Duke TIP

Nonverbal Assessment of Ability: What Is It?

August 28, 2006

Many people assume that intelligence comes in two kinds—verbal and nonverbal. What they do not understand is that the verbal-nonverbal distinction refers to the content of the items on an intelligence test, not to the type of thinking, or intelligence, required. Verbal and nonverbal tests are two different ways of measuring general ability.

What Is General Ability?

David Wechsler, who developed the Wechsler Intelligence Scale for Children (WISC), defined general ability as “the aggregate or global capacity of the individual to act purposefully, to think rationally, and to deal effectively with his environment.” The psychologist Rudolph Pintner explained, “We did not start with a clear definition of general intelligence . . . [but] borrowed from everyday life a vague term implying all-round ability and knowledge, and . . . we [are] still attempting to define it more sharply and endow it with a stricter scientific connotation.” So there is little reason to assume that those who invented tests of general ability conceptualized verbal and nonverbal types of intelligence. General-intelligence tests with verbal and nonverbal content measure the same construct of general ability as tests that are all nonverbal; therefore they are more useful across cultures. The verbal-nonverbal distinction is a practical rather than a theoretical one, coming into play especially when diverse populations are tested.

For persons whose first language is not English, the use of verbal tests in America creates an obstacle because, quite simply, such persons sometimes don’t know enough English. Logic and empirical research support the conclusion that they do poorly on English measures of general intelligence that contain verbal tests because of their limited English-language skills, not because of low intelligence.

What Does a Nonverbal Test Look Like?

A typical nonverbal test item from the Naglieri Nonverbal Ability Test (NNAT) is shown in the figure. A student must see the patterns formed by the shapes organized into groups, then choose an answer that completes the pattern. Actual test items use blue, white, and yellow because these colors are most easily perceived by those with color-impaired vision. In this example, the child has to understand that the three shapes form a pattern throughout the three-by-three matrix. The circle forms a diagonal line from the bottom right to the top left. The triangles and the squares form their own alternating pattern; once the child understands it, he or she can choose the correct option (no. 2).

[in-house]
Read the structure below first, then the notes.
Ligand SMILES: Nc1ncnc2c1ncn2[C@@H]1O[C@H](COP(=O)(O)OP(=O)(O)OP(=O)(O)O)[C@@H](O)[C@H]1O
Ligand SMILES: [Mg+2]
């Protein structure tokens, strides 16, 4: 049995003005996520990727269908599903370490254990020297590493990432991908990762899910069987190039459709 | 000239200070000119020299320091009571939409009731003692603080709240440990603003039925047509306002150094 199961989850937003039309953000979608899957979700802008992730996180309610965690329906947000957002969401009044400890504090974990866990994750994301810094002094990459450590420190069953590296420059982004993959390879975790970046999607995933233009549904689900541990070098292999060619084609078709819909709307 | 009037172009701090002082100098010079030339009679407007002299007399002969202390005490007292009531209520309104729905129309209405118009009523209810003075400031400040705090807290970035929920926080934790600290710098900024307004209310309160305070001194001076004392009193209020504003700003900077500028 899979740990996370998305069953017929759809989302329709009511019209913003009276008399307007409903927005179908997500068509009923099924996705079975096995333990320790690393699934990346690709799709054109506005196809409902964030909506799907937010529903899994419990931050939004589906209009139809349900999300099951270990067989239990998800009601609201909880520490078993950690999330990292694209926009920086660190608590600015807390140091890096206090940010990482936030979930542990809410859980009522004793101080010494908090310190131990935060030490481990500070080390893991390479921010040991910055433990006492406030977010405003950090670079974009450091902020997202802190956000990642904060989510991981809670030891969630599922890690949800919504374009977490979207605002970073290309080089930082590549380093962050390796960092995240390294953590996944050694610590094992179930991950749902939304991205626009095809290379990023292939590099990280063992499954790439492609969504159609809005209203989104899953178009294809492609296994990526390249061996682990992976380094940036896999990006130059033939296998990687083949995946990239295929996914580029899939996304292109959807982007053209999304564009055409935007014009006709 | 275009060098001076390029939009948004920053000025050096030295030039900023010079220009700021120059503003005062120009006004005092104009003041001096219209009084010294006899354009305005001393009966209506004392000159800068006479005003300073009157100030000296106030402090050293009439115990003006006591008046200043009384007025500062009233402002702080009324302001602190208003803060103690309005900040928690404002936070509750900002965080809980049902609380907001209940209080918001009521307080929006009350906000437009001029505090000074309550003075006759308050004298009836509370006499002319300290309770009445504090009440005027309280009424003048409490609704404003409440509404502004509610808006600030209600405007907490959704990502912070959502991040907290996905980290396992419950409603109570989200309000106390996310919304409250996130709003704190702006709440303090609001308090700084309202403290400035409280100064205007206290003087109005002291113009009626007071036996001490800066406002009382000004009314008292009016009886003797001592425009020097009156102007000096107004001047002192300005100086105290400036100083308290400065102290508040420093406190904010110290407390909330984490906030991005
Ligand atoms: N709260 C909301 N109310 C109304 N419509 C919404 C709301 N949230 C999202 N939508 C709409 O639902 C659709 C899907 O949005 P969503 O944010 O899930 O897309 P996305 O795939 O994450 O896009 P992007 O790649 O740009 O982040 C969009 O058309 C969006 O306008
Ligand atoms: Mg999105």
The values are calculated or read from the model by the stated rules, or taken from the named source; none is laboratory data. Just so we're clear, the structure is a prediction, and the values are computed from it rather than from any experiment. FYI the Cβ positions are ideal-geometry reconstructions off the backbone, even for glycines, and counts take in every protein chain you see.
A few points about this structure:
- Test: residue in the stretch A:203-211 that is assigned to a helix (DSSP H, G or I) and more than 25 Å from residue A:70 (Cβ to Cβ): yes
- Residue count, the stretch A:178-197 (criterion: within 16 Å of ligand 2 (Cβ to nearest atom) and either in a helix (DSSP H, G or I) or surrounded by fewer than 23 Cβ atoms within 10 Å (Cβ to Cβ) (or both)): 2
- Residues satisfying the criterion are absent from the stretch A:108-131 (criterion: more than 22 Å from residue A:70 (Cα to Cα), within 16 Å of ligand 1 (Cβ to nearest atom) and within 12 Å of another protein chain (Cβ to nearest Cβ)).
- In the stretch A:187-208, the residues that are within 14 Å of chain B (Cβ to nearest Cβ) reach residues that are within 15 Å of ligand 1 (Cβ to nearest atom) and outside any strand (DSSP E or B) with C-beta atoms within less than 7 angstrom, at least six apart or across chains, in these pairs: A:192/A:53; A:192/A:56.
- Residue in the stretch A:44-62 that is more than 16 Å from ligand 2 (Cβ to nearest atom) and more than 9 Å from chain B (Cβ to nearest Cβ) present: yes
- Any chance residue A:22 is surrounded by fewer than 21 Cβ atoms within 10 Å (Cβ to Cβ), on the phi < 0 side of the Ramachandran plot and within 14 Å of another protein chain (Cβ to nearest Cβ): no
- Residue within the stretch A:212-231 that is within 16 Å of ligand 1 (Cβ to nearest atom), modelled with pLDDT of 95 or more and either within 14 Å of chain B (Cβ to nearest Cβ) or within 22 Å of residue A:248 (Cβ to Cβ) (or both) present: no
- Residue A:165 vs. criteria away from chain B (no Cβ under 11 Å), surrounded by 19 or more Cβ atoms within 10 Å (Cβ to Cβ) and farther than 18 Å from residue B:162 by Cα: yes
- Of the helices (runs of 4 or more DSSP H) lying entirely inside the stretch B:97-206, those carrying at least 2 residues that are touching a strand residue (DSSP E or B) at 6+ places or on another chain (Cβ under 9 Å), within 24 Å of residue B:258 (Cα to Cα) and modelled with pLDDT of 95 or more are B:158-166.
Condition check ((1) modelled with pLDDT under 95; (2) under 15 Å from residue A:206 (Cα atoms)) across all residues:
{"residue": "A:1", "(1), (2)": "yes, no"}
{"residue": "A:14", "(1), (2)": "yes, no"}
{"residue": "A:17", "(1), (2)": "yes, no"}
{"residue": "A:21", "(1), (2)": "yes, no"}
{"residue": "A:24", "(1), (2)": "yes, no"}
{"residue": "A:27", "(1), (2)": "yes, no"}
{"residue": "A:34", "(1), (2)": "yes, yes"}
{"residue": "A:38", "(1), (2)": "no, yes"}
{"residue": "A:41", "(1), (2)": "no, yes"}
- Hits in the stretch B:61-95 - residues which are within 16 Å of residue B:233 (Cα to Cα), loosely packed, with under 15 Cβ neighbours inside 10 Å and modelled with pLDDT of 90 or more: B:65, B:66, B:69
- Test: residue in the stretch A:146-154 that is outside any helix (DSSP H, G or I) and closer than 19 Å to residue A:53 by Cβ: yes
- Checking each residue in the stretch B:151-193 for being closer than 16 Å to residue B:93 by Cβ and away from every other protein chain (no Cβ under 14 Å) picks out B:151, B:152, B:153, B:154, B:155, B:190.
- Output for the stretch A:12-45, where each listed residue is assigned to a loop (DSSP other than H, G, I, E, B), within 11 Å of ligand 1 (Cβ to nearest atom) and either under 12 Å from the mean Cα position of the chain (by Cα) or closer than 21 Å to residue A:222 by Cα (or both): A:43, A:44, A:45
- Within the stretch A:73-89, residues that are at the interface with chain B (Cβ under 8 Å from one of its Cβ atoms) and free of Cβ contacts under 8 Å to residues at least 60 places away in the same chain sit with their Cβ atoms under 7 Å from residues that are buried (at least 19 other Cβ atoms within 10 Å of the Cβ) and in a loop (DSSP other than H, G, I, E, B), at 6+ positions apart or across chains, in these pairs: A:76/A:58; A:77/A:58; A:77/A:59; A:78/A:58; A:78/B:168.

Image: Naglieri Nonverbal Ability Test item

Many academic tasks, regardless of content, call for the same basic intellectual activity required to solve this problem. For example, understanding a written paragraph requires a child to “see” how various pieces of information are interrelated. Learning to spell often involves seeing patterns in a sequence of letters. Many aspects of math involve recognizing the patterns and relationships among concepts and numbers. Because a nonverbal test measures a basic and essential way of thinking, it helps us understand how smart a child is and how likely that child is to do well in school. Because the test items do not require knowledge of words, they permit a fair evaluation of children from different cultural and linguistic groups.

Who Is a Good Candidate for a Nonverbal Test?

Although nonverbal tests are especially useful for children with limited English-language skills, their value is not limited to that group. For example, children whose economic or social circumstances have limited their acquisition of knowledge and verbal skills may best be able to display their knowledge through such a test. They should and will earn good scores on tests of general ability. Taking nonverbal tests of ability will afford them the same opportunity to succeed as other children. Nonverbal tests are also useful for evaluating those with impaired hearing.

In summary, nonverbal tests provide a valid way to measure general ability for all children. Researchers have found that they identify similar proportions of black, white, and Hispanic children as gifted. This suggests that the problem of underrepresentation of minority children in classes for the gifted may be addressed by using such tests. Using nonverbal tests of general ability gives all children an equal opportunity to succeed.
Jack A. Naglieri, PhD

Jack A. Naglieri is professor of psychology at George Mason University. He has published many scholarly papers, chapters, books, and tests, including the Naglieri Nonverbal Ability Test.